This week, the Bay Area Guardian featured Christabel Zamor (a.k.a. “HoopGirl”) on its cover. The article opens by stating that “Zamor is a hoopdancer — one of those sylph-like sirens who show up at parties and raves and on the playa in order to make the men drool and the women vow to do sit-ups.” Sylph, in case you’re wondering, applies to a lithe girl or woman, or to a mythical creature whose base element is air.
I would assume this was one reporter’s take on what I do for a living – if it weren’t such a commonly held vision. Over nearly a decade as Revolva, I have come up against the assumption that my hoop act will be based on sex more than a handful of times. More than one hundred handfuls of times. “Can you bring a sexy number?” is a pretty common question I’ve been asked by promoters.
On-body hooping does engage parts of the body related to sex. It rocks the pelvic core and can be an activity that causes women (and men) to feel more confident and at home in their own skin. I have experienced a high and felt sexy and empowered when rocking out with a hoop. That said, I have also felt sexy and empowered when dancing my heart out, when several miles into an intense run, and when I finish writing something satisfying and run around doing ninja kicks in the air.
I feel sexy when I’m fully present in my body, which most often occurs when I’m being my authentic self.
I understand that Zamor’s mantra “Hooping is sexy!” as quoted in the article, is “as much about self worth as it is about a satisfying session in the sack.” Those familiar with her work know that she holds empowerment retreats for women, writes prolifically on spirituality and has embarked on a life path dedicated to helping people heal. Sometimes, simply learning how to feel sexy is a powerful medicine.
Yet, I found some humor in realizing my own mantra (it’s been listed in this blog for a long time) is both similar and very different from the HoopGirl mantra. The over arcing phrase that defines my own path is: “Funny is sexy!”
When I look at the media produced by our culture, I see this:
Yet, it aligns with my nature to look like this:
In terms of a guiding principle, I have felt the need to remind myself (and sometimes people booking me) that there’s more than one approach to being a hoop dancer. In fact, I’ve felt the need to remember that there’s more than one approach to being a woman. Period. When I perform to “The Final Countdown” or dress up as Beyoncé or strap on a headset mic and do a talking, comedy hoop number, despite the fact that I might be in a show where only the men are doing comedy – I’m being myself.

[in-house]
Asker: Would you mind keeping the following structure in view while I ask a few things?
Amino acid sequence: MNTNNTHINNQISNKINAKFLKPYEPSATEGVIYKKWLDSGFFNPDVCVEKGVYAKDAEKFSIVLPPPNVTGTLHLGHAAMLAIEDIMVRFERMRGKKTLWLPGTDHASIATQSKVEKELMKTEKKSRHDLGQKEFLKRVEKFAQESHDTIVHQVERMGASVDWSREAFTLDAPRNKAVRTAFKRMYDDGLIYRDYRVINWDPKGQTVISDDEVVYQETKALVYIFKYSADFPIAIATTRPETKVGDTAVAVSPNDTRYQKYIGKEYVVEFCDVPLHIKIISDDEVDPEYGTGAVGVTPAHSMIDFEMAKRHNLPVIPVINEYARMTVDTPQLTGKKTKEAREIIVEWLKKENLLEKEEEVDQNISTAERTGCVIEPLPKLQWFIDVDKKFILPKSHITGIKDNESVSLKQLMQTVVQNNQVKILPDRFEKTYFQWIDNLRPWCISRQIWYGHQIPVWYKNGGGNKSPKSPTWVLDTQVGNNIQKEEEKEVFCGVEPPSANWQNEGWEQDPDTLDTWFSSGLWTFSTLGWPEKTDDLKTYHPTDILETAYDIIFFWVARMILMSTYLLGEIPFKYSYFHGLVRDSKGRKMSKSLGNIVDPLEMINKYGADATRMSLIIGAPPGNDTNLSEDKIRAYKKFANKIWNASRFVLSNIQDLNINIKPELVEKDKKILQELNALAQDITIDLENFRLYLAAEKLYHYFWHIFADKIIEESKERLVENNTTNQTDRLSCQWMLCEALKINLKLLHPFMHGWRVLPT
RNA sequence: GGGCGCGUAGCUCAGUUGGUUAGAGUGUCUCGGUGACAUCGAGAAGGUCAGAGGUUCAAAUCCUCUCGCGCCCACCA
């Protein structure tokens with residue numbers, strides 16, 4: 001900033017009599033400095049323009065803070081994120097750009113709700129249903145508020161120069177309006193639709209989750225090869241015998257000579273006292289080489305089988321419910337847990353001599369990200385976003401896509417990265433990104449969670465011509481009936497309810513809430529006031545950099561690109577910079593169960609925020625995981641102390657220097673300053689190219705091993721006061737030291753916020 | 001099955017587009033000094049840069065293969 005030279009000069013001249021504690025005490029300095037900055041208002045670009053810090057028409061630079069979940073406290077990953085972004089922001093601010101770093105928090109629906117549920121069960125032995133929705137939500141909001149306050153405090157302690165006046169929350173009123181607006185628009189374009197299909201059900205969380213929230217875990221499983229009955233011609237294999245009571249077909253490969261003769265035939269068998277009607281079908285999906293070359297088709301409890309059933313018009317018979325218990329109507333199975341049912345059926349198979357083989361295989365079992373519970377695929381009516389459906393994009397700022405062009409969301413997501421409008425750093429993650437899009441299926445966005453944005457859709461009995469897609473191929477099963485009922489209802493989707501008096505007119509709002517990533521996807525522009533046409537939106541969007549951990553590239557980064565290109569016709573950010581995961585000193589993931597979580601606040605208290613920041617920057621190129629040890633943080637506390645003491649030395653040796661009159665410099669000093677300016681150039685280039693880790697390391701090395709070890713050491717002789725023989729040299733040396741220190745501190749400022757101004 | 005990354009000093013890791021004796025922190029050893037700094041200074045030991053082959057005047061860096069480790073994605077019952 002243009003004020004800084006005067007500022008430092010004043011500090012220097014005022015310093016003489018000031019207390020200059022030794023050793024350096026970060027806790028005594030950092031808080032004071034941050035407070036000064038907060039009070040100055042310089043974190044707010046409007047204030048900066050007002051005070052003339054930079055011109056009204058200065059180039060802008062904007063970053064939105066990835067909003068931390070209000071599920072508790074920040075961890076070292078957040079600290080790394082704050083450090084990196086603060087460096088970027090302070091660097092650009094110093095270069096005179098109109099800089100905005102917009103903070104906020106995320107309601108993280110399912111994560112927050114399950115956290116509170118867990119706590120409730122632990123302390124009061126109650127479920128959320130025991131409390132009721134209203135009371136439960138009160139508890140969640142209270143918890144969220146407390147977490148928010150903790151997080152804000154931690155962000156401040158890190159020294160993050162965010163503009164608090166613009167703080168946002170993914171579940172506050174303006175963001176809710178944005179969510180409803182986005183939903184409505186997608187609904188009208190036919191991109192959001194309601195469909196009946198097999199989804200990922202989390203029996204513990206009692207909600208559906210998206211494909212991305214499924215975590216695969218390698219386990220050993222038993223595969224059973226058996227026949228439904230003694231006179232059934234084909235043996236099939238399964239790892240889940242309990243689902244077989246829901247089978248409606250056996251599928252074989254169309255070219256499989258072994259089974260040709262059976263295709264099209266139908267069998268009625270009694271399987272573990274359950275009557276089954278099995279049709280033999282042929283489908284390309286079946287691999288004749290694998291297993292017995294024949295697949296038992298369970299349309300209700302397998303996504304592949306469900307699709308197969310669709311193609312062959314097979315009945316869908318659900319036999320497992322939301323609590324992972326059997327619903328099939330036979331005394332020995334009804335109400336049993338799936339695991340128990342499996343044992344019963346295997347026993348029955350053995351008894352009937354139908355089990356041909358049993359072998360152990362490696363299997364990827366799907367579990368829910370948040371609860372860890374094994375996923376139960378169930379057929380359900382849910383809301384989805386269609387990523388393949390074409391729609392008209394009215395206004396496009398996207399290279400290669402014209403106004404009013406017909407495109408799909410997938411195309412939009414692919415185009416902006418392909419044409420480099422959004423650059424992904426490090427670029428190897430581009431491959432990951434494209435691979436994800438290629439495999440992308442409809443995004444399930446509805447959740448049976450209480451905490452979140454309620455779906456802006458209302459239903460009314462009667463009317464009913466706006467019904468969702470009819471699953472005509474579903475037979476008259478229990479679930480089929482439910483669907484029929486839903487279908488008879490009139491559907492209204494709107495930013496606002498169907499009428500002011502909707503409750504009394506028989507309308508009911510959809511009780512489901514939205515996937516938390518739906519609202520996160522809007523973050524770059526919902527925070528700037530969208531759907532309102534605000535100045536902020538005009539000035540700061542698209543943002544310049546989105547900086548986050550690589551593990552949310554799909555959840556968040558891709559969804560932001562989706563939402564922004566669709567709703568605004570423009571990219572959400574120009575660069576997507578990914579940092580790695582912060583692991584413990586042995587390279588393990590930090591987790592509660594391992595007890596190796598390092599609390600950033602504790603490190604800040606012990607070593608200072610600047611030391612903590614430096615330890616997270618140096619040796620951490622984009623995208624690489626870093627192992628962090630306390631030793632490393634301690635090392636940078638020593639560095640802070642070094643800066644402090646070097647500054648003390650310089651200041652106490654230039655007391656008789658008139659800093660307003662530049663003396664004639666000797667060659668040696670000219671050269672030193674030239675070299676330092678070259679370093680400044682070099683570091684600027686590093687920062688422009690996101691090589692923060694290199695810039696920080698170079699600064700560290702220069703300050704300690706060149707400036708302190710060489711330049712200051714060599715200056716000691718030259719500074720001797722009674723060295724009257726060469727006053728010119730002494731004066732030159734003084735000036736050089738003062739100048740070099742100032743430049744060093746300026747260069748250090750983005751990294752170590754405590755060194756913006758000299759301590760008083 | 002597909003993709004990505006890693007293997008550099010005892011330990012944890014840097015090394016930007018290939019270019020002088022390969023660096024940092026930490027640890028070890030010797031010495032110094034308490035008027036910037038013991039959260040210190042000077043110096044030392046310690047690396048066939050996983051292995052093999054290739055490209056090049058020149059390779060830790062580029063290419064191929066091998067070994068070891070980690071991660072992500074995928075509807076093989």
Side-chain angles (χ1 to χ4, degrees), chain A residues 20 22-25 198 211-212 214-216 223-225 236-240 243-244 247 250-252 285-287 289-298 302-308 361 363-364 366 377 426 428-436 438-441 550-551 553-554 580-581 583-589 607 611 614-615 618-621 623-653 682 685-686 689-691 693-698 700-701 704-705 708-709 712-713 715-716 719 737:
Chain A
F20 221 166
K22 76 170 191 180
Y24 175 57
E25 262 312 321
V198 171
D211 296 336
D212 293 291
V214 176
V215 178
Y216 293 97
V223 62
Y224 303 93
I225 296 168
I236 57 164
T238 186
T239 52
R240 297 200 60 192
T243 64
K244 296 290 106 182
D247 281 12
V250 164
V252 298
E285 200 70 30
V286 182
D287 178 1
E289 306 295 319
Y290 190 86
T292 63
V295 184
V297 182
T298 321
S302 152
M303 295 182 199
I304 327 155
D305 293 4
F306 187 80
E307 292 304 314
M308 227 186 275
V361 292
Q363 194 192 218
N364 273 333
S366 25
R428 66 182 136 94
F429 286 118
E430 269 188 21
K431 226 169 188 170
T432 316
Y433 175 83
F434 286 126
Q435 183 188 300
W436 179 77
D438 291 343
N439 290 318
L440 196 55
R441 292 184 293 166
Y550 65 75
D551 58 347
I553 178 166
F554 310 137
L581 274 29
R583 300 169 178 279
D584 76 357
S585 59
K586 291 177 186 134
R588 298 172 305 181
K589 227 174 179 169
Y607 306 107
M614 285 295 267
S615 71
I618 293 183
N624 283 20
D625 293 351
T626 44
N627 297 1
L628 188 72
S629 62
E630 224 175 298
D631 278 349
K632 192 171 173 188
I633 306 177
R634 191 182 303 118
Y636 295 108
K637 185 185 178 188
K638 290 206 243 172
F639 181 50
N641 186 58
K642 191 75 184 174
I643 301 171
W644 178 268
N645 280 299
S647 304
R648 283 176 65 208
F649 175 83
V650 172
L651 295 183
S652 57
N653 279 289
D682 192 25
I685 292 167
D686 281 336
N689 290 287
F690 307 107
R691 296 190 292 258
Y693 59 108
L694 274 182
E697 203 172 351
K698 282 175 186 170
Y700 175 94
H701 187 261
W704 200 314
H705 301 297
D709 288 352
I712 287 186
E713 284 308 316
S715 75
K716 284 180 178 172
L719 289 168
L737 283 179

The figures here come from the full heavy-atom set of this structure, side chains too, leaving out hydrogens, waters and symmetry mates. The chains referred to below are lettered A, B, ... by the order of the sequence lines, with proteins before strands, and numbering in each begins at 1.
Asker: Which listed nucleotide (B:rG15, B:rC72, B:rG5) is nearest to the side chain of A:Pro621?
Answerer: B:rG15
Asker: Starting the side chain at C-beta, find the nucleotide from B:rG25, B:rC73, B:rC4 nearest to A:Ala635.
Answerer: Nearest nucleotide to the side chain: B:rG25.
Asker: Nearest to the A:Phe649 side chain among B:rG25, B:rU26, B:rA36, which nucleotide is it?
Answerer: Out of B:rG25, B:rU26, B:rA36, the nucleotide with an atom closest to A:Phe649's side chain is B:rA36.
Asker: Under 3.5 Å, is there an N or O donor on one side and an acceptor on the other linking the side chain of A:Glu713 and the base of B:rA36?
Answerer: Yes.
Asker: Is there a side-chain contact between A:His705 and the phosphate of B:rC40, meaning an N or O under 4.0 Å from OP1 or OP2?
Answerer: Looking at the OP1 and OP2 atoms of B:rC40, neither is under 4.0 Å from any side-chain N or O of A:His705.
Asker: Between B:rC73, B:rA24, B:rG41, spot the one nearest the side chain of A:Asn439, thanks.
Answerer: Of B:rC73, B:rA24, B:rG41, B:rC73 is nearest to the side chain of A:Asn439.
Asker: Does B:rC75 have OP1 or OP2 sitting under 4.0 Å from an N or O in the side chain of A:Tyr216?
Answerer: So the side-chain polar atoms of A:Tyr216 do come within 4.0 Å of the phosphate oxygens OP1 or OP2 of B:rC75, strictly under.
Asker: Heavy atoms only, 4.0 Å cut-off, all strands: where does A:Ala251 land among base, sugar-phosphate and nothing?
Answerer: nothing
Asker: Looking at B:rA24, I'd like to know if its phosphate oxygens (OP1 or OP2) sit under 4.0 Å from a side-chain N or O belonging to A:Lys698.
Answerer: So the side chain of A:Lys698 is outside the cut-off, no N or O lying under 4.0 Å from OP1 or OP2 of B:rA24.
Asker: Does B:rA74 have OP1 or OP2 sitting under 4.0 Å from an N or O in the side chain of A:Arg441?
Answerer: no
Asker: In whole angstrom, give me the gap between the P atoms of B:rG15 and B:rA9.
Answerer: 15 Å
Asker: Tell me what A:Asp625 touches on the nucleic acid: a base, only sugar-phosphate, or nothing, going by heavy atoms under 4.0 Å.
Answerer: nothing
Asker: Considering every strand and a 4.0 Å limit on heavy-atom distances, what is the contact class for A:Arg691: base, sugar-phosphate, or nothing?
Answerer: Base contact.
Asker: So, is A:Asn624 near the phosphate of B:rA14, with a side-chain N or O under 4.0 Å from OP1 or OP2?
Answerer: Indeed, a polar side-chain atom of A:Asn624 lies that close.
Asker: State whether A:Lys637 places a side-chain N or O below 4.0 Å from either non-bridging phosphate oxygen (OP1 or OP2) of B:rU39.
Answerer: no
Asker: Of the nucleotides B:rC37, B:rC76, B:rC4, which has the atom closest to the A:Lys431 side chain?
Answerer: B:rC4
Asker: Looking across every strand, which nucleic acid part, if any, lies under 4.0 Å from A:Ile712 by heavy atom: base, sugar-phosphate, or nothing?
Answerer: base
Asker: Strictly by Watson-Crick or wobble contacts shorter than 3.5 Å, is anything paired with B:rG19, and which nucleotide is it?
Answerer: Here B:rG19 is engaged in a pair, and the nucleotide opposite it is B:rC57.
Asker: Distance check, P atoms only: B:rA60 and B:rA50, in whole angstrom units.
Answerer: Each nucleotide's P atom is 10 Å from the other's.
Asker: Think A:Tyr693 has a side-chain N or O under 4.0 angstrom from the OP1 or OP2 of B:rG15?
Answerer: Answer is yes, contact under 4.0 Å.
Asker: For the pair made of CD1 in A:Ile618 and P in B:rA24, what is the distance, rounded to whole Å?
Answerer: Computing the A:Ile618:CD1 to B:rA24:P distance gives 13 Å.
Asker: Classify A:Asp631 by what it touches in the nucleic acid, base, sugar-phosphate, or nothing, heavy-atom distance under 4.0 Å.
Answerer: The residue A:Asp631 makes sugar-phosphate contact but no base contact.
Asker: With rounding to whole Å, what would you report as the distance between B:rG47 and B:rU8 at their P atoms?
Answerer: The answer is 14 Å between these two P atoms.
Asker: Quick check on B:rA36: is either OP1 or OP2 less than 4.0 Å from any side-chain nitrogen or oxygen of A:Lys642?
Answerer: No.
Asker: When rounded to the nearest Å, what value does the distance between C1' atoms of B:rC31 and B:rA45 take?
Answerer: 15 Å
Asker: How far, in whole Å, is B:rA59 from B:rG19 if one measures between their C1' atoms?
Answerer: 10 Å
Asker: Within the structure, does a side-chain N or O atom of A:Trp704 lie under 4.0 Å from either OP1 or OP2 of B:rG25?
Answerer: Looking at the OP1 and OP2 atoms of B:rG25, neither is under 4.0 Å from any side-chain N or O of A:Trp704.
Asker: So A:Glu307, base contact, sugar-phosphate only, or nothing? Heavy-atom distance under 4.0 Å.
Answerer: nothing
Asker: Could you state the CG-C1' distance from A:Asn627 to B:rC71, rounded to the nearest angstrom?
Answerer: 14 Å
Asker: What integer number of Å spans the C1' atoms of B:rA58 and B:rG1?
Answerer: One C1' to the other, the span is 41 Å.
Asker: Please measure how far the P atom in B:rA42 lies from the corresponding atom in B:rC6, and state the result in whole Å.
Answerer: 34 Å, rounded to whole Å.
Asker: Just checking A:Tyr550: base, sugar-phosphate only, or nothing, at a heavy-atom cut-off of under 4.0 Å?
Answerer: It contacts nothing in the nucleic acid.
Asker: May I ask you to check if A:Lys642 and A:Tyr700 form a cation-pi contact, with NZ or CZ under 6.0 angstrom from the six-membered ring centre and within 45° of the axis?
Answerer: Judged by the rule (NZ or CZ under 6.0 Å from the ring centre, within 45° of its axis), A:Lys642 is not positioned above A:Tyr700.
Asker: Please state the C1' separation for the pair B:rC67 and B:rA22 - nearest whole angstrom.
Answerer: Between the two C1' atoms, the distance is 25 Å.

And while hooping may or may not be sexy, depending on how the artist or audience experiences it, being one’s self is always sexy. On my path, funny is sexy.
I often wonder whether the pressure women feel from the culture to have magazine-style sex appeal makes it less possible to approach sexiness from any other standpoint. I saw this video recently, which “empowers women to reconnect with their sexual core, one sexy squat at a time.”
Undulating one’s core can help with sexual performance and confidence. But I didn’t see a wide variety of physical aesthetics, body types or dress styles in this video. Which led me to wonder how empowering, or even how accessible, it actually was to do Kama. Would someone feel comfortable being sassy and flirty in this class without a bare belly, thigh highs and the right hair extensions? I wonder the same thing when I see the prevalence of one sexy archetype in the hoop world.
In addition to more than one approach to LOOKING like a hoop dancer (or woman), there’s also more than one approach to DOING hooping. Off-body tech hoop moves do not actually engage the pelvic floor. They do not necessarily involve the hips or undulation. Yet, they can be done while dancing and are part of many hoopers’ repertoire.
I currently live in a community of object manipulators, The Vulcan (in Oakland, CA), where the reigning mindset is one steeped in theory – and not in an internal or external relationship between the artist and “sexiness.” An almost holy reverence is given to the possibilities of human body and object, to the slight turn of a wrist that can enhance momentum and further open a doorway into flow. Every day, I see examples of hooping that have nothing to do with an undulating pelvic core or sex. Sometimes, they have nothing to do with being a woman. (As some of my talented neighbors and friends prove, men also do incredible work with hoops.)
A few zillion gigs under my belt, and I can tell you that the Guardian reporter is not alone in assuming a “hoopdancer” is a lithe, sexy woman who exists “in order” to make men drool and women feel bad about their abs. But I can also say from practical experience that the Guardian definition is limited to one archetype. It doesn’t cover what I do. It doesn’t describe the “I wear whatever I want while blowing your mind” style of Brecken or the over-the-top hilariousness of Miss Saturn or the pure art of Malcolm Stuart or Native American hoop dancers or – well, probably a lot of people who use hoops without simultaneously being “sylph-like sirens.”
Following one’s own path can lead to confidence. Which is ultimately the best way to feel at home in one’s body. Unabashedly being your self, no matter what that looks like, is the most convention-shattering, SEXY act imaginable.
Here’s to an ever-expanding definition of what it means to dance with hoops.